Has anybody read Sen. Dodd's bill to stop credit card abuses? Probably not.
What else can explain its enormous support in Congress, by the president and in editorial circles? Maybe they'll read it after it becomes law and a nightmare to our economy and the legislators who voted for it.
The "Credit Card Accountability, Responsibility and Disclosure Act" is astonishingly irresponsible. I've read it many times, and I think it will deepen and lengthen the ugly recession we are in.
It might even ignite a stock market plunge the likes of which we have not seen since Sen. Alphonse D'Amato introduced an equally reckless bill in 1991 to cap card interest rates.
The key problem with Dodd's bill is that it would abruptly shut off numerous, desperately important revenue streams that card issuers need to survive the recession. In doing so, it would set off a dangerous chain reaction that would severely reduce retail transactions, potentially threatening the jobs of millions.
It would also unavoidably saddle consumers with sharply higher APRs, higher taxes to fund creditor bailouts and significant investment losses for their portfolios and pension plans.
For the record, nobody has been more critical of abusive credit card practices than I have. It has consumed much of my career. I even got fired for it a decade ago. And in these pages since then, I have condemned card issuers time and again for dishonest pricing practices.
In short, I agree that legislative reform is justified. But not Dodd's way.
In comparison, the new Federal Reserve Board card regulations and Rep. Maloney's "Consumer Bill of Rights" reflect a more balanced reform. Dodd's bill makes a big mistake of confusing cardholders' anger about issuers with the products themselves — their Visa, MasterCard, American Express and Discover cards. They hate the former but love their cards.
Dodd's attempt to punish the industry would have the unintended consequence of making those cards more expensive and out of reach for millions.
Were lawmakers to look more closely at his bill, they would discover how truly Jacobin it is. In nine months after enactment it would force late, bad check, over-the-limit and foreign transaction fees to plummet, perhaps by 80% or more.
Has Dodd or his colleagues considered how much that might cost issuers and how they might make it up? My guess is it would cost billions, forcing them to raise APRs by several hundred basis points, reimpose annual fees, ditch or charge for reward programs and tighten credit to minimize losses.
It's not going to make consumers, retailers or investors happy, especially about Sen. Dodd and all those who voted "aye" for his bill.
It may be that Dodd's emphasis on these fees has not scared anybody, because his bill only requires that they meet a reasonableness standard, one that is tied to the cost the bank incurs to process the infraction involved. What's so terrible about that?
Unfortunately, the bill doesn't define the word "reasonable." And that means courts will do it in response to the thousands of class actions that lawyers will file on day one of its enactment.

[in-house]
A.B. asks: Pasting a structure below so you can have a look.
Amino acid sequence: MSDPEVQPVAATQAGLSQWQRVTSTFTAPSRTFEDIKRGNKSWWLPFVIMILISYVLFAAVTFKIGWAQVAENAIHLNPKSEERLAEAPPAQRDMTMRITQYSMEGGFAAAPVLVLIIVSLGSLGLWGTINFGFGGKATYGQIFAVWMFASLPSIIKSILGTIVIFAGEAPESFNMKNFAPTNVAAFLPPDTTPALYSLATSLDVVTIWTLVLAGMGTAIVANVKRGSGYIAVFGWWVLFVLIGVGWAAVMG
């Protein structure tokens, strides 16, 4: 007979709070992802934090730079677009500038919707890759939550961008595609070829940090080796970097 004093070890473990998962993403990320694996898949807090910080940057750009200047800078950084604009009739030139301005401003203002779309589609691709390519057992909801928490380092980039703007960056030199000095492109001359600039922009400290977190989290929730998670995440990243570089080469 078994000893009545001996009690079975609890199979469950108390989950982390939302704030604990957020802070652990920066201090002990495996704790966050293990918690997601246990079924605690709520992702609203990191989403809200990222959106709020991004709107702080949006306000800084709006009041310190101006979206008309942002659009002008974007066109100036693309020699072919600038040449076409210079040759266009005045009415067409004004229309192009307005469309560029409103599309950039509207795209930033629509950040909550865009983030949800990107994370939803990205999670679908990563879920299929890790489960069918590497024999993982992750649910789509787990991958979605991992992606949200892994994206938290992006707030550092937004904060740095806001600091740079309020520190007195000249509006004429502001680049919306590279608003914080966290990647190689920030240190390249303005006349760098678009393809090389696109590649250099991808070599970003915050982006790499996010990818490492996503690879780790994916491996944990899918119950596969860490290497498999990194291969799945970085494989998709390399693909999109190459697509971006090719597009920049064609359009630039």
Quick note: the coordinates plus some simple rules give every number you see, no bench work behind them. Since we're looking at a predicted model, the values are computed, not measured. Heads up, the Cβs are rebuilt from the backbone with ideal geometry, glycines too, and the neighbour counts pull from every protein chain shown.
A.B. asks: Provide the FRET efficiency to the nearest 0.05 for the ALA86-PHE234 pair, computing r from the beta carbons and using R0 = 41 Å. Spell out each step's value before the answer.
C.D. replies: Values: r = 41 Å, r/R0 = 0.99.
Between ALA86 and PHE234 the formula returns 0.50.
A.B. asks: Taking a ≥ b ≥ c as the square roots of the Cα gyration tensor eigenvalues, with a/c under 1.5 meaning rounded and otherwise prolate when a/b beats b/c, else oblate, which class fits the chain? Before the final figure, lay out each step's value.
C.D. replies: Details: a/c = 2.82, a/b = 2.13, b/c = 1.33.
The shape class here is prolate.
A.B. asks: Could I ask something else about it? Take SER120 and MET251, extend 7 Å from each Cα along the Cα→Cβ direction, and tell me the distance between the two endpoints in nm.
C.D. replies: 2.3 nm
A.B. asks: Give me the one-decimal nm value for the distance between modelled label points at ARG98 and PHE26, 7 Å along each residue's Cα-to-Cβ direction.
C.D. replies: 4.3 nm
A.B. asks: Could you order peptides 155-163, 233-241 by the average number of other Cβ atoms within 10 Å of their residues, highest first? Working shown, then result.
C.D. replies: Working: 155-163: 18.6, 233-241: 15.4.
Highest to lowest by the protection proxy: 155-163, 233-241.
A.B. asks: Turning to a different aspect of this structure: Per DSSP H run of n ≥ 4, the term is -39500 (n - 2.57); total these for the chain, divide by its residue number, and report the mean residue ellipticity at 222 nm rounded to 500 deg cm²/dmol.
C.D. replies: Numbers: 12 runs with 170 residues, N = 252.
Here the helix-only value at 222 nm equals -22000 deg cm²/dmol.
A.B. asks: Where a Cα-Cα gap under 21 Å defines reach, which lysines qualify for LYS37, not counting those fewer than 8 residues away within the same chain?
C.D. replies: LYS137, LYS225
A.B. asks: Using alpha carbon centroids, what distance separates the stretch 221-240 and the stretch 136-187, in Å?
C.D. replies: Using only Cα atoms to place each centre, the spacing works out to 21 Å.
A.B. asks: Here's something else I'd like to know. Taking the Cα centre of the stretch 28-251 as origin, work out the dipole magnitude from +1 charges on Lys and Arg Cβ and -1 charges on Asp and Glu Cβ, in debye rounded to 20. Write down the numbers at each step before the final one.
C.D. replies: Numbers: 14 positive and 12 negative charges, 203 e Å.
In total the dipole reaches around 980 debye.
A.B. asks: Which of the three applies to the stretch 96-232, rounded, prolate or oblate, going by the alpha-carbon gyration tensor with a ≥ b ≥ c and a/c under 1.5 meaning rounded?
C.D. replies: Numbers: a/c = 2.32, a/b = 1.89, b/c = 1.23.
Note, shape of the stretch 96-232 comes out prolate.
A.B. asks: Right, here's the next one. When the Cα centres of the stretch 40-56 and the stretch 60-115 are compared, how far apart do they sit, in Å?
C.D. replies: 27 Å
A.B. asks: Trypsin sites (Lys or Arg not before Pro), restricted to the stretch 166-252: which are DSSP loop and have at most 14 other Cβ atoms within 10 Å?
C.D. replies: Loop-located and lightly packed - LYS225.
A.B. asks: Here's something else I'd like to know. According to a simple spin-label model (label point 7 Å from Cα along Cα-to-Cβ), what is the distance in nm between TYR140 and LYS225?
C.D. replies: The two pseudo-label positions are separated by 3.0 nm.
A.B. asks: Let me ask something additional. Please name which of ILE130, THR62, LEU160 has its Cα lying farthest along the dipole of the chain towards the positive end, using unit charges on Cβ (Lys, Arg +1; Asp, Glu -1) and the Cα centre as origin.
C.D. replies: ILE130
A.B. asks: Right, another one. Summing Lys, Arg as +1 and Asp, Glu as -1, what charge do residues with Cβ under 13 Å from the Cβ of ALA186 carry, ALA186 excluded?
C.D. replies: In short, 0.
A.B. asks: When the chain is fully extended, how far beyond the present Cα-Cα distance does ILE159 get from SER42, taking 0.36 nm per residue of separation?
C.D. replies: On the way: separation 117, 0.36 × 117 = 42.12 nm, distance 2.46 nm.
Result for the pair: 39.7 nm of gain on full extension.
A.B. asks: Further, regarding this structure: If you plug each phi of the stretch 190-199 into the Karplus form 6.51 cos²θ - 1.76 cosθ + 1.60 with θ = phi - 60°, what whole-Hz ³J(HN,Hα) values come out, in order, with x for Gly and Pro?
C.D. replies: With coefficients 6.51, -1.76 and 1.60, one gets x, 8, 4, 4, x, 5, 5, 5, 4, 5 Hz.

We don't have to guess too much how they will decide. They will force reductions of late, OCL and bad check fees from the current $39 to $10 or lower — an almost 75% reduction.
Foreign transaction fees will fare no better. Courts will bounce them all over the map, dropping them to almost nothing in some cases and pushing them higher in others.
Their decisions will confuse consumers and present issuers with disclosure nightmares.
Add to these woes other features in the bill that will cut expiration dates to a year or less, squeeze profitable credit worthy 18-21 year olds out of the system, have a disparate impact on Equal Credit Opportunity Act protected minorities, and squelch other sources of revenues, and the industry could spiral into legal and financial chaos.
Ten years ago card issuers, bulging with profits, could have weathered Dodd's bill handily. But not now. It is a mess. Its customers — cardholders and merchants — are in revolt. Its bad debt losses are in the 10% range and getting worse. It has been forced to cut credit limits, and it is highly vulnerable to a staggering judgment in the tens of billions in the largest antitrust lawsuit in U.S. history.
Lest we forget, the plaintiffs in the interchange lawsuit are hot not just for damages, but interchange rates as close to zero as possible. That could mean an additional plunge in industry revenue of $20 billion or more a year well into the future.
As if to make sure that would happen, in the fine print of the Dodd bill, there is an order to the comptroller general to gather every possible piece of information quickly that shows interchange pricing in a bad light.
The official reason for the demand is to provide Congress with information about how, if at all, to regulate interchange fees. But I see something more sinister: the creation a treasure trove of biased data and positions, all with the imprimatur of the U.S. government, to help the plaintiffs extract the highest possible settlement or judgment from the defendant banks.
And it gets worse, paragraph by paragraph. It's as if the bill were written by a Cotton Mather with an AK-47 as a pen.
As I see it, there are three major beneficiaries of the Dodd bill: lawyers, liquidators and the Republican Party. The first two would make millions on it, and the third would ride the turmoil it creates back into power.